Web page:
{1, 2, 3} and {1, 4, 9}

Is your answer the same if we extend the sets indefinitely, like this? :

{1, 2, 3, 4, ...} or {1, 4, 9, 16, ...}

Probably you determined the size by counting the number of elements in answering the first question. The sets {1, 2, 3} and {1, 4, 9} have each 3 elements so the answer to the first question is: yes, the two sets have the same size.

How to count the two infinite sets of the second question? This is impossible using conventional 1, 2, 3, --- counting. It would not end. Mathematician Cantor therefore proposed a method to find out whether two infinite sets have the same size, a way of “counting infinity”:

*If we can pair all the elements of two sets than they have the same size.*

Because we can pair like this: {1, 1}, {2, 4}, {3, 9}, {4, 16}, ... Cantor's answer to the second question is the same as to the first: yes, the two sets have the same size. His method also works for finite sets, by the way. As such it is a generalization of the finite case.

But wait... something strange is going on. The set {1, 4, 9, 16, ...} is a proper sub set, a part of {1, 2, 3, 4, …} (not the same, hence “proper”). Nevertheless they have the same size. How can that be?

A mathematician's response might be that we should not speak of the

*size*of a set but of its

*cardinality*instead. That's the word Cantor introduced. This makes clear that we are dealing with the mathematician's world which differs from the ordinary world. In the ordinary world proper sub sets of a set are always smaller than the set - and infinite sets cannot be counted in this world. In mathematics proper sub sets of an infinite set can have the same

*cardinality*as that set. Not the same

*size*, which is just an everyday, non mathematical word.

So in the mathematical world it seems that we gain something - cardinality as a measure for the size of sets - and we loose something: that proper sub sets of a set are always 'smaller' than that set.

This is a kind of friction I was uneasy with for decades. I realized myself all too well the difference between 'size' and 'cardinality' of above and especially the more or less arbitrary choice of Cantor's pairing principle. Would another, maybe better choice be possible?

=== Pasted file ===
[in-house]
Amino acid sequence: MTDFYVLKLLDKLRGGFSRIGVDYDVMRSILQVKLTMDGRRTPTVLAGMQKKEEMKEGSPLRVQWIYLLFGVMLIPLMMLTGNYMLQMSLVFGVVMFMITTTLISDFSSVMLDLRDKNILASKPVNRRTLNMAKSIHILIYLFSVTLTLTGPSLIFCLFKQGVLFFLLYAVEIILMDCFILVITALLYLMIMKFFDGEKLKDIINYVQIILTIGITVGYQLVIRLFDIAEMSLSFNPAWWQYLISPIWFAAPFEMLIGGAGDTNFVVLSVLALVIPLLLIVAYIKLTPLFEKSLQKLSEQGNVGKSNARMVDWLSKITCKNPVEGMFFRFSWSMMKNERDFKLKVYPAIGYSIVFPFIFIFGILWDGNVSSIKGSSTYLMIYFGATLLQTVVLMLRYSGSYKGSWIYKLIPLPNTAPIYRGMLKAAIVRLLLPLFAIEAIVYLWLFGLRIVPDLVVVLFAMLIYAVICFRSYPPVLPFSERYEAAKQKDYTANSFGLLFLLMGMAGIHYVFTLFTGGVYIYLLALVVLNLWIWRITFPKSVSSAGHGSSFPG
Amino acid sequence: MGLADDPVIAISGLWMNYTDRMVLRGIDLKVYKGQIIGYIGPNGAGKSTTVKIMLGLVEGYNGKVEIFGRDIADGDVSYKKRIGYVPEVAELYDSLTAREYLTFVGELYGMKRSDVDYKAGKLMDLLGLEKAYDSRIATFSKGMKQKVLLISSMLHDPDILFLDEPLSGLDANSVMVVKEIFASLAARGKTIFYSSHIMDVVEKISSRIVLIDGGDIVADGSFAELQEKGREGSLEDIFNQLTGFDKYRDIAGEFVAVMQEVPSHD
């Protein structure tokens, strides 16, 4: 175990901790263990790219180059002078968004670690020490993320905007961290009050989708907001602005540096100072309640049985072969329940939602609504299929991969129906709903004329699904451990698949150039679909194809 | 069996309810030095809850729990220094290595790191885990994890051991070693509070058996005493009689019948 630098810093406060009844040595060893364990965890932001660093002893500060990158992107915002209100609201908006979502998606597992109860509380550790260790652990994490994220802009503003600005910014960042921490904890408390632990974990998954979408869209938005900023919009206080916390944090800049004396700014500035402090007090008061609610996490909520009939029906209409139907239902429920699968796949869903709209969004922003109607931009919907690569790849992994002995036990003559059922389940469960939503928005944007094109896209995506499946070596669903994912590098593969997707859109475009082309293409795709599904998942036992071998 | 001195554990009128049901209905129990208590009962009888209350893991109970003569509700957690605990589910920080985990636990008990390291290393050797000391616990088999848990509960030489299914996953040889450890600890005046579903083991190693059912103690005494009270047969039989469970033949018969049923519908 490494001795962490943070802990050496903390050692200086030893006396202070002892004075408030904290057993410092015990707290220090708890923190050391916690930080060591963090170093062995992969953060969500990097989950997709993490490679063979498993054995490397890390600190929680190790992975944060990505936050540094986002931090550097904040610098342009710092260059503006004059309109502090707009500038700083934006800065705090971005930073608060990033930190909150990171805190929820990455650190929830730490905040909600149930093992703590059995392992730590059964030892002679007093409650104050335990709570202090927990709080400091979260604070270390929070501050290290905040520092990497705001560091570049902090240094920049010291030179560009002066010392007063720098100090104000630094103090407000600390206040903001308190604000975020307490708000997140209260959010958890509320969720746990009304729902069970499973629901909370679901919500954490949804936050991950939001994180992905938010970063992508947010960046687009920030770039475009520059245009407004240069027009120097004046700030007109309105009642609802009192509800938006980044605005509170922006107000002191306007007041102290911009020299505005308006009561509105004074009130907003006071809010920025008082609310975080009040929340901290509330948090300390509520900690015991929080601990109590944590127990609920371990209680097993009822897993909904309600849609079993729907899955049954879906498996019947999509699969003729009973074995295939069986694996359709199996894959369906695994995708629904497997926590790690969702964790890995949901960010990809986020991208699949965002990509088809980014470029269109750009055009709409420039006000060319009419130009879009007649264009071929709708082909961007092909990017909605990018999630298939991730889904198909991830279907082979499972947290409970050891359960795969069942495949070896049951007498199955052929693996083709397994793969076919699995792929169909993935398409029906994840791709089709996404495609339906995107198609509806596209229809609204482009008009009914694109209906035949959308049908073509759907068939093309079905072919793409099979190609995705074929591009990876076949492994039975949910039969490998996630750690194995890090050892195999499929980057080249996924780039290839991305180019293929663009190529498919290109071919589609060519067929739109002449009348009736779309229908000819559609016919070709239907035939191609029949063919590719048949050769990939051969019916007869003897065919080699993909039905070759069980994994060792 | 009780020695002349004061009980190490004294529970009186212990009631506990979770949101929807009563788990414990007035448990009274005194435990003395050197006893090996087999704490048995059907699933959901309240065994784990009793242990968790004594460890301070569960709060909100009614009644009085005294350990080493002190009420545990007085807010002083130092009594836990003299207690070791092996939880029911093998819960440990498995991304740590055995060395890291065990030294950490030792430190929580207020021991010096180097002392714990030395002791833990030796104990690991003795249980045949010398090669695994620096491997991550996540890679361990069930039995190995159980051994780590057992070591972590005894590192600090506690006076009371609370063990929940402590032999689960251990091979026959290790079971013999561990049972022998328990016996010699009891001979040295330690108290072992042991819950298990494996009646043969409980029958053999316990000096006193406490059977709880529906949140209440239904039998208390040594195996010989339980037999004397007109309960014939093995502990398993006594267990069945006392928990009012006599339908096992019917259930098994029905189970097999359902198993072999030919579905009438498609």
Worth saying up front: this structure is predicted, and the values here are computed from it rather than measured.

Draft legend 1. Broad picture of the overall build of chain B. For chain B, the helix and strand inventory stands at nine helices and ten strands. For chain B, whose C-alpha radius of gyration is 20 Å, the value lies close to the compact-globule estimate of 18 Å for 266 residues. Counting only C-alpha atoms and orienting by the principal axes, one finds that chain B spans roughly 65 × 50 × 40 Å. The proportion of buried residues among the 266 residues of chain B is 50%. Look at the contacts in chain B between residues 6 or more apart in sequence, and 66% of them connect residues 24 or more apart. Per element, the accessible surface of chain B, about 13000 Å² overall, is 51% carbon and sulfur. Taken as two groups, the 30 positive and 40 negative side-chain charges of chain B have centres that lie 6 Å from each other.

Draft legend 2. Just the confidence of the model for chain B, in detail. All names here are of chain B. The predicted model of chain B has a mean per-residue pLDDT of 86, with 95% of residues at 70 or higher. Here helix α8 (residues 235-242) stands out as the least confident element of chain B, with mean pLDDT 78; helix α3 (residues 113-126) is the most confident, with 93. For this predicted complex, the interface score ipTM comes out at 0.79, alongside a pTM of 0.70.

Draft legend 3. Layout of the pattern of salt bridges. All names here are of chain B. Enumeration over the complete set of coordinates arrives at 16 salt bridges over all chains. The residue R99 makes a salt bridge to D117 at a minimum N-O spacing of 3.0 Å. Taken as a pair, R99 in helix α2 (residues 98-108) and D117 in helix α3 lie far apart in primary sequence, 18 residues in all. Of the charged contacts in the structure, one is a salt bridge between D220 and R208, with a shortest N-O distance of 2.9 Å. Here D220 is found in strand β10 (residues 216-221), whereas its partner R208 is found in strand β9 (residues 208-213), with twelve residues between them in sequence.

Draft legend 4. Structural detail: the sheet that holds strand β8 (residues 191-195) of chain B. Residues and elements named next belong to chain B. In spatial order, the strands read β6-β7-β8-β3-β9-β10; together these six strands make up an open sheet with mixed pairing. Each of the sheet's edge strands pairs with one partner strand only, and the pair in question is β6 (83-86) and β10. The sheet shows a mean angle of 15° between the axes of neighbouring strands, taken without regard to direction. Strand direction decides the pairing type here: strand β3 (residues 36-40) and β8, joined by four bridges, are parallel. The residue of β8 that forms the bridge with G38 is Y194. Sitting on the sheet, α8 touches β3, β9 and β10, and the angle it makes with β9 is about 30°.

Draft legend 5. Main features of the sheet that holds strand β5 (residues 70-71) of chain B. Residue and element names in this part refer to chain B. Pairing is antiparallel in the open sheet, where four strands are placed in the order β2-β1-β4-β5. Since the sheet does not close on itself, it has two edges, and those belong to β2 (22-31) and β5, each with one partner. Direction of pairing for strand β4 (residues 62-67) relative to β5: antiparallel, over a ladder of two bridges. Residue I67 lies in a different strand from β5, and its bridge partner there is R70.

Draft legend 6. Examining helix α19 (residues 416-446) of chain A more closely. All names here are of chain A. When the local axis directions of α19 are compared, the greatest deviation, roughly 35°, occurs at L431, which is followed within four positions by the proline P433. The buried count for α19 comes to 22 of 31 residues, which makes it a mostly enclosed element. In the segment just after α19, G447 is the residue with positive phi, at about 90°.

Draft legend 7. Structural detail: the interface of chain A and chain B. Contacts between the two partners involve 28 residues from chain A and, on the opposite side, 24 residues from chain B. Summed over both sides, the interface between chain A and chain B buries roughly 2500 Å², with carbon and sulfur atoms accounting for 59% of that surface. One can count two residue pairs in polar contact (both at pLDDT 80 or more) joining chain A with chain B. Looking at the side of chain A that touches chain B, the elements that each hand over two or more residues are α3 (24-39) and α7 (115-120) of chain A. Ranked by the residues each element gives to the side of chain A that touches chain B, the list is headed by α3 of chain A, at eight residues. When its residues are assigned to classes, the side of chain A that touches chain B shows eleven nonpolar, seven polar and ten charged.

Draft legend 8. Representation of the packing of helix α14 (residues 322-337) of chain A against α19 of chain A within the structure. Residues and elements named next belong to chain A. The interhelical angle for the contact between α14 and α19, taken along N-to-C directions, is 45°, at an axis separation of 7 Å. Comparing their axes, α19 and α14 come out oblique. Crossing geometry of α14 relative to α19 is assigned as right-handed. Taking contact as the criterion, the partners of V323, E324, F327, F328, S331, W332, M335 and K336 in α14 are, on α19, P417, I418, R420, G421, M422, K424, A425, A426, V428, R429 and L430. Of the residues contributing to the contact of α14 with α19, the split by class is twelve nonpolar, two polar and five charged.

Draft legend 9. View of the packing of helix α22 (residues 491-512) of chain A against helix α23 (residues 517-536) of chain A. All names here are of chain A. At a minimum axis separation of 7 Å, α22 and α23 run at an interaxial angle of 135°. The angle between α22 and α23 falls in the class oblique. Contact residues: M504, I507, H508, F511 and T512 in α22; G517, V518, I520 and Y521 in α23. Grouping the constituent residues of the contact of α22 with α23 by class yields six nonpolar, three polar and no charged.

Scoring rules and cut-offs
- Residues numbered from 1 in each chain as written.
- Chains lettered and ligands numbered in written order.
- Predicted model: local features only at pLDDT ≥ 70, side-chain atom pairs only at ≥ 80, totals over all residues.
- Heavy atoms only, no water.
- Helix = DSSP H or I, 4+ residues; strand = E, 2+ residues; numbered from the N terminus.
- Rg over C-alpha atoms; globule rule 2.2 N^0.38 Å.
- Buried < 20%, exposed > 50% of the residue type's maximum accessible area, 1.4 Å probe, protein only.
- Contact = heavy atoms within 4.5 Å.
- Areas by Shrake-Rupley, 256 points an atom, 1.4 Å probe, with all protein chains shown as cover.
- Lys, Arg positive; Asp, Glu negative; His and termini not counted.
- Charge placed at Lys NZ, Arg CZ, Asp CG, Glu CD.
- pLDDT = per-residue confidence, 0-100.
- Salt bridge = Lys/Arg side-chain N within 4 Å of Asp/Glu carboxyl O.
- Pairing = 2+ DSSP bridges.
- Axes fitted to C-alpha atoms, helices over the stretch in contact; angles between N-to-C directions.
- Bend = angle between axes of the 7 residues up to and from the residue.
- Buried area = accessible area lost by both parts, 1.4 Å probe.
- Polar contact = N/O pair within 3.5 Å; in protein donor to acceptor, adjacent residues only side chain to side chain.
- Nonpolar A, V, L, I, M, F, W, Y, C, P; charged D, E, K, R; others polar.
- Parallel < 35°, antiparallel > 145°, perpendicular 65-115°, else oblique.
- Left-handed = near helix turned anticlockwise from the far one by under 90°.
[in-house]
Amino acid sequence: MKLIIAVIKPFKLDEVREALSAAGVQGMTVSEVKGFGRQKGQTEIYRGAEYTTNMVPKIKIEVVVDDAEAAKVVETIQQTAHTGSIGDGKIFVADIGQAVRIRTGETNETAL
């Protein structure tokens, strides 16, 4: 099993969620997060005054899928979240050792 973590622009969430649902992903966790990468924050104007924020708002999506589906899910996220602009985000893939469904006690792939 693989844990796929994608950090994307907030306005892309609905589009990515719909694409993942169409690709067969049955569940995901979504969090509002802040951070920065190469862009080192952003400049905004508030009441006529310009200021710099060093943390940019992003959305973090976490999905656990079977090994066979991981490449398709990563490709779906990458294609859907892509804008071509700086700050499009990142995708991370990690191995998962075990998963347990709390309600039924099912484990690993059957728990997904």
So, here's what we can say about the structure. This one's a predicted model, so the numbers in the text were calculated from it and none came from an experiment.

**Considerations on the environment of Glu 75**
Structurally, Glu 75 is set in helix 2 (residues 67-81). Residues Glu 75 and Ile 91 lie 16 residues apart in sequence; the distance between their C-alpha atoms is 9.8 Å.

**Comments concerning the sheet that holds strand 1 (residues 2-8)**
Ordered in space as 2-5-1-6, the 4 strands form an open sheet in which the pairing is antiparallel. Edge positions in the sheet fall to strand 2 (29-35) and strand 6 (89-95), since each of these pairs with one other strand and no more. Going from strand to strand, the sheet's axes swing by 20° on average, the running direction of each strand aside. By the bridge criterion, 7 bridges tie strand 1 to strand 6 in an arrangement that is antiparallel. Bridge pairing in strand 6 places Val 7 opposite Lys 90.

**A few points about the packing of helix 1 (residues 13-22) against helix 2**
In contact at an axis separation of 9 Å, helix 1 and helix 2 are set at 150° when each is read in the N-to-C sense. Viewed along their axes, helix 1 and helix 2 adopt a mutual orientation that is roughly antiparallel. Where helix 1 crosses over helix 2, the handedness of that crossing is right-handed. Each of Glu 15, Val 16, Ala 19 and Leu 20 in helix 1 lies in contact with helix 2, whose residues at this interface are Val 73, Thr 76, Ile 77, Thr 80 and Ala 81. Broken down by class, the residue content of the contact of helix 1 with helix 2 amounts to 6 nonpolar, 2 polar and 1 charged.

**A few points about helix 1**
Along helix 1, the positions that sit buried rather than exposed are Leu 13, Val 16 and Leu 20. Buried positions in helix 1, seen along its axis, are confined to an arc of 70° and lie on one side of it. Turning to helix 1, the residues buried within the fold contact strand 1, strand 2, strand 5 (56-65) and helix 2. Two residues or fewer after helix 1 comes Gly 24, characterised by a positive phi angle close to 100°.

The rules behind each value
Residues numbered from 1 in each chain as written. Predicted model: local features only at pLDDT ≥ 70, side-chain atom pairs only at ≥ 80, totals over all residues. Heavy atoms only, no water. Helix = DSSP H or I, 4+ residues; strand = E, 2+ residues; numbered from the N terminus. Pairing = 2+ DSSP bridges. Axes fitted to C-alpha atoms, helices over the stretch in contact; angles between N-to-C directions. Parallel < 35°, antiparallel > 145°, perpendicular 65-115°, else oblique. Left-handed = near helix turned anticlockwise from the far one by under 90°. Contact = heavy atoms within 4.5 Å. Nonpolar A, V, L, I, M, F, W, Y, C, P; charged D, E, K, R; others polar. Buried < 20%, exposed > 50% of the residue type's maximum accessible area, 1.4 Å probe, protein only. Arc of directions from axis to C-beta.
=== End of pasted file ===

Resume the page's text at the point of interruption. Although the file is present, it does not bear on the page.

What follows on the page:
It felt as an impasse to me but probably not to William Byers, the author of the book 'How mathematicians think - using ambiguity, contradiction, and paradox to create mathematics'. His main point is that ambiguity etc. - things that somehow do not feel right - stimulate the formation of new mathematical ideas. Difficulties advance mathematics.

This is not an idea pertaining exclusively to mathematics. For example, koans are the Zen equivalent given by zen masters to their pupils. These are paradoxical puzzles like: “"What is the sound of one hand clapping?" To solve these one has to widen one's view of the world. A poetic, musical analog is this line from Leonard Cohen's song "Anthem": “There is a crack in everything. That's how the light gets in.” Imperfections are necessary for advancement, seems to be the suggestion.

Back to the original problem regarding infinity. How was it solved? About 100 years after Cantor the theory of “numerosities” was proposed by Vieri Benci. Like cardinality the numerosity is a measure for the size of a set. An important difference is that proper sub sets of a set have always a smaller numerosity than that set (while the cardinality can be the same).

Some more information can be found here: http://www.newappsblog.com/2014/03/counting-infinities.html. From the discussion there it appears to me that numerosity is a more complicated concept than cardinality – but I can be wrong.

## Geen opmerkingen:

## Een reactie posten